// Works out the amount of time from now to the previous simulation step
        float simTimeElapsed = numSimSteps * simCalc.getTimeStep() + simCalc.getRemainingTime();
        // Calculate how much animation time passes per step of simulation
        const float animTimeStep = simCalc.getTimeStep() * animScale;
        // Calculate initially the animation time for the next simulation step
        float animTime = currentAnimTime + animTimeStep * 2 - animScale * simTimeElapsed;

        // Do multiple simulation steps
        for (int i = 0; i < numSimSteps; i++, animTime += animTimeStep)
                // Update the skinning on all the hair instances for the current simulation steps
                for (int j = 0; j < instances.getSize(); j++)
                        const NvHair::InstanceId instanceId = instances[i];

                        // Uses game engine to calculate the bones at the specified animation time
                        // and sets it on the instance
                        calcAnimationBones(hairSdk, instanceId, animTime);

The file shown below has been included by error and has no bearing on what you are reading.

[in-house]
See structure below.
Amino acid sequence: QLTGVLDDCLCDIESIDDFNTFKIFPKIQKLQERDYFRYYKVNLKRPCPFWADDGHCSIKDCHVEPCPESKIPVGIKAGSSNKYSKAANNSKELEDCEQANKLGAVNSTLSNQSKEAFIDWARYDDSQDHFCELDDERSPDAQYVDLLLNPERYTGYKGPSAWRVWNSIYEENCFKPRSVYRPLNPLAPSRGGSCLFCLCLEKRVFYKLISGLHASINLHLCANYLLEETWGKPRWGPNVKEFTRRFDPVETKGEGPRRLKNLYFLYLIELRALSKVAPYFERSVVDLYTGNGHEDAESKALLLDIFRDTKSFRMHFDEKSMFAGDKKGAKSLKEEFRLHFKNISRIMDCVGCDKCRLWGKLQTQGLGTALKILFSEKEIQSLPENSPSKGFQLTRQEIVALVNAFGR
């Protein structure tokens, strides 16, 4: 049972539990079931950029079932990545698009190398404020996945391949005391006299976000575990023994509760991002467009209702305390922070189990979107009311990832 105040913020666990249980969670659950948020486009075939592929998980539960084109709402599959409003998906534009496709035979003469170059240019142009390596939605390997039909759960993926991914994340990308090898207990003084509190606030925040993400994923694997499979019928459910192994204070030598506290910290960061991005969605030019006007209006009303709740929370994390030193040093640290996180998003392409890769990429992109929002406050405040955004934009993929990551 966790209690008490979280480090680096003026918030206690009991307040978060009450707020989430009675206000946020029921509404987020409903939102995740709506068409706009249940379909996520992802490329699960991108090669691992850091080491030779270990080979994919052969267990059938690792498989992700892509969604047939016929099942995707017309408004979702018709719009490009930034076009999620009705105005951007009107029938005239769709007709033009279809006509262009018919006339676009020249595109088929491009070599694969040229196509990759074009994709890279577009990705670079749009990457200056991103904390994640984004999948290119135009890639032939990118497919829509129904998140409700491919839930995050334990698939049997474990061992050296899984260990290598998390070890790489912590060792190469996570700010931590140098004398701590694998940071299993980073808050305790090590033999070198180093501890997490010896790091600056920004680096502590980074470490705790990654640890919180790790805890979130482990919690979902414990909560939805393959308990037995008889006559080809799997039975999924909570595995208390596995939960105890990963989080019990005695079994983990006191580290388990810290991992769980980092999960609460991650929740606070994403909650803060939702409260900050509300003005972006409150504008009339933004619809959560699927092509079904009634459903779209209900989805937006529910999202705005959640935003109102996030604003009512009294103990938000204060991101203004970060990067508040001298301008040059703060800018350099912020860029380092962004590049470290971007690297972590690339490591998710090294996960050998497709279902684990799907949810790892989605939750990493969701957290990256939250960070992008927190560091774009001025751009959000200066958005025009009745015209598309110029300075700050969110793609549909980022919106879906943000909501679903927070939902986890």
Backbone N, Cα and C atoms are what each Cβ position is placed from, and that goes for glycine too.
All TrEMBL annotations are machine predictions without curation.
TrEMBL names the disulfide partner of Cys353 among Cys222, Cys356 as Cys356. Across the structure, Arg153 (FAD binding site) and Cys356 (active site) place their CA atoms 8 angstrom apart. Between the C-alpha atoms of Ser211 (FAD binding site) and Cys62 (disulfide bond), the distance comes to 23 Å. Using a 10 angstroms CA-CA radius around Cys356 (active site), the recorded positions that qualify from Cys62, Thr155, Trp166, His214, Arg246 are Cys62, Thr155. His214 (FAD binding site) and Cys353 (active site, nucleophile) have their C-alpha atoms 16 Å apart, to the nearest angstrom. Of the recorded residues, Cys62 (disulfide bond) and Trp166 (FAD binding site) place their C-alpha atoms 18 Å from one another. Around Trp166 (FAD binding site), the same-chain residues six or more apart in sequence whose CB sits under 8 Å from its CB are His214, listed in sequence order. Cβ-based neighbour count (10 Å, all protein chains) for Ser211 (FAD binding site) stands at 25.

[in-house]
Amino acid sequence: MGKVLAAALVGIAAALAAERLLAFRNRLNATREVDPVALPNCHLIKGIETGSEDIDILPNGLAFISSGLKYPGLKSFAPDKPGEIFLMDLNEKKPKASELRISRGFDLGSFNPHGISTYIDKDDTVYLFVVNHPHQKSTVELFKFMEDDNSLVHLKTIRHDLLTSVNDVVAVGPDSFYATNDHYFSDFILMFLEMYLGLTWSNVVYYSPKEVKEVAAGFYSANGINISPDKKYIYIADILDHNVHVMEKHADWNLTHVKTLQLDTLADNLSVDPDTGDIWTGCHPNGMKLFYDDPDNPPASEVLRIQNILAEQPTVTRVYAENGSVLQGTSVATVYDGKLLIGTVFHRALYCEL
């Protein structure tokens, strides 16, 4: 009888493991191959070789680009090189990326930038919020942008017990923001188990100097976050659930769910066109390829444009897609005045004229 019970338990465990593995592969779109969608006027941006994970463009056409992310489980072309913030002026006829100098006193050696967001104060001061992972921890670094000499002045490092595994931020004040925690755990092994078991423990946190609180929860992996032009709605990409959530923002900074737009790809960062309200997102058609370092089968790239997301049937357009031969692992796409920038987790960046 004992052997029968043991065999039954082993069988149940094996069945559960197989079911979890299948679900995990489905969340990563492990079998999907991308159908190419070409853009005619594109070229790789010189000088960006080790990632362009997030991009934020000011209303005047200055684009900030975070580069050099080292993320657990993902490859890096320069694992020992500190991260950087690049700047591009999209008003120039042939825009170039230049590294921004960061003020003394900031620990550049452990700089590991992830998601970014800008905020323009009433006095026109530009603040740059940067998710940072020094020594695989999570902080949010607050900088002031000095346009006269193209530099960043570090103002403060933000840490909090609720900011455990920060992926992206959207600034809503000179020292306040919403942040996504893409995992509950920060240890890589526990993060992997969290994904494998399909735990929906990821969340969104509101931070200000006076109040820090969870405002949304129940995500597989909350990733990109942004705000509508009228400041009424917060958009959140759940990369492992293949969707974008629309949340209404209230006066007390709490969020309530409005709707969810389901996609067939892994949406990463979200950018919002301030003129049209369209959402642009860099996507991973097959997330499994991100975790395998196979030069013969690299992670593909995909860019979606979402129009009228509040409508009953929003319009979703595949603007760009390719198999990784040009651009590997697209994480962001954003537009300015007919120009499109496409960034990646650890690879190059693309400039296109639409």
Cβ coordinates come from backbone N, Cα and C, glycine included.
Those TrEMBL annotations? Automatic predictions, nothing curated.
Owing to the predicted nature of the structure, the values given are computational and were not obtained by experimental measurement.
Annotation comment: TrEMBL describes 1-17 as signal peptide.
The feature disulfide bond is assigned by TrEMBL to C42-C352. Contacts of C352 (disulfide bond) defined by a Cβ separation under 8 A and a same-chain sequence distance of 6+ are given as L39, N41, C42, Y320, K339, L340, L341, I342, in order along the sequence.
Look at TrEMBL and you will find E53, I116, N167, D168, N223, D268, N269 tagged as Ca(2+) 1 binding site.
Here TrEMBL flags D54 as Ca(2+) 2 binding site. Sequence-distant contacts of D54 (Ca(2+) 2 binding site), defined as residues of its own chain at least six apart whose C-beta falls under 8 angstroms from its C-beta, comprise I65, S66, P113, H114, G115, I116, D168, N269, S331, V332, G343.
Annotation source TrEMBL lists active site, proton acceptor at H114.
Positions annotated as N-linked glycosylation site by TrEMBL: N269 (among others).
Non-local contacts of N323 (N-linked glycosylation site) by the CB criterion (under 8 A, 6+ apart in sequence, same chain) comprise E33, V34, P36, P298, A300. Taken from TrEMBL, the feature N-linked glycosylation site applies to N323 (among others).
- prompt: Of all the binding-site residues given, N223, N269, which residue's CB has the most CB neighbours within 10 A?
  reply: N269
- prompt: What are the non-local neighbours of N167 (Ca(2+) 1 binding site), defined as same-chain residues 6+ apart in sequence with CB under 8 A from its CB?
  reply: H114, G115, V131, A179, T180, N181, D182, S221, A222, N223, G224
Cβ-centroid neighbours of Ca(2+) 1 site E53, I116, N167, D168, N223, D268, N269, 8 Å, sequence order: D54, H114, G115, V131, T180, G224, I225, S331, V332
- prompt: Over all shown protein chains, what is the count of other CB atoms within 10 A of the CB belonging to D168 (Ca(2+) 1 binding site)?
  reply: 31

// Step the simulation only (we don't want to do preRender to)
            hairSdk->stepSimulation(simCalc.getTimeStep(), NV_NULL,  false);

For rendering:

NvCo::FrameCalculator& simCalc = ...;

// Uses game engine to calculate the bones at the specified animation time
// and sets it on the instance
calcAnimationBones(hairSdk, instanceId, currentAnimTime);

hairSdk->renderHairs(instanceId, &settings);

Note that

  • Doing frame rate independent rendering adds some extra cost - as skinning, and interpolation is additionally needed
  • Setting renderInterpolation = 1.0 leads to no interpolation and no cost
  • HairWorks only interpolates position, not lighting so simulation rate needs to be high enough for that to be unnoticable

If FIR is used and it is possible that the animation bones set on the simulation can differ from the animation bones when that point in time is reached, renderInterpolation must always be < 1. The value can be effectively 1 (say 0.999999), but it cannot be >= 1 as if it is FIR will not be engaged, and hair will be incorrectly rendered with the bones that were set when the simulation step took place.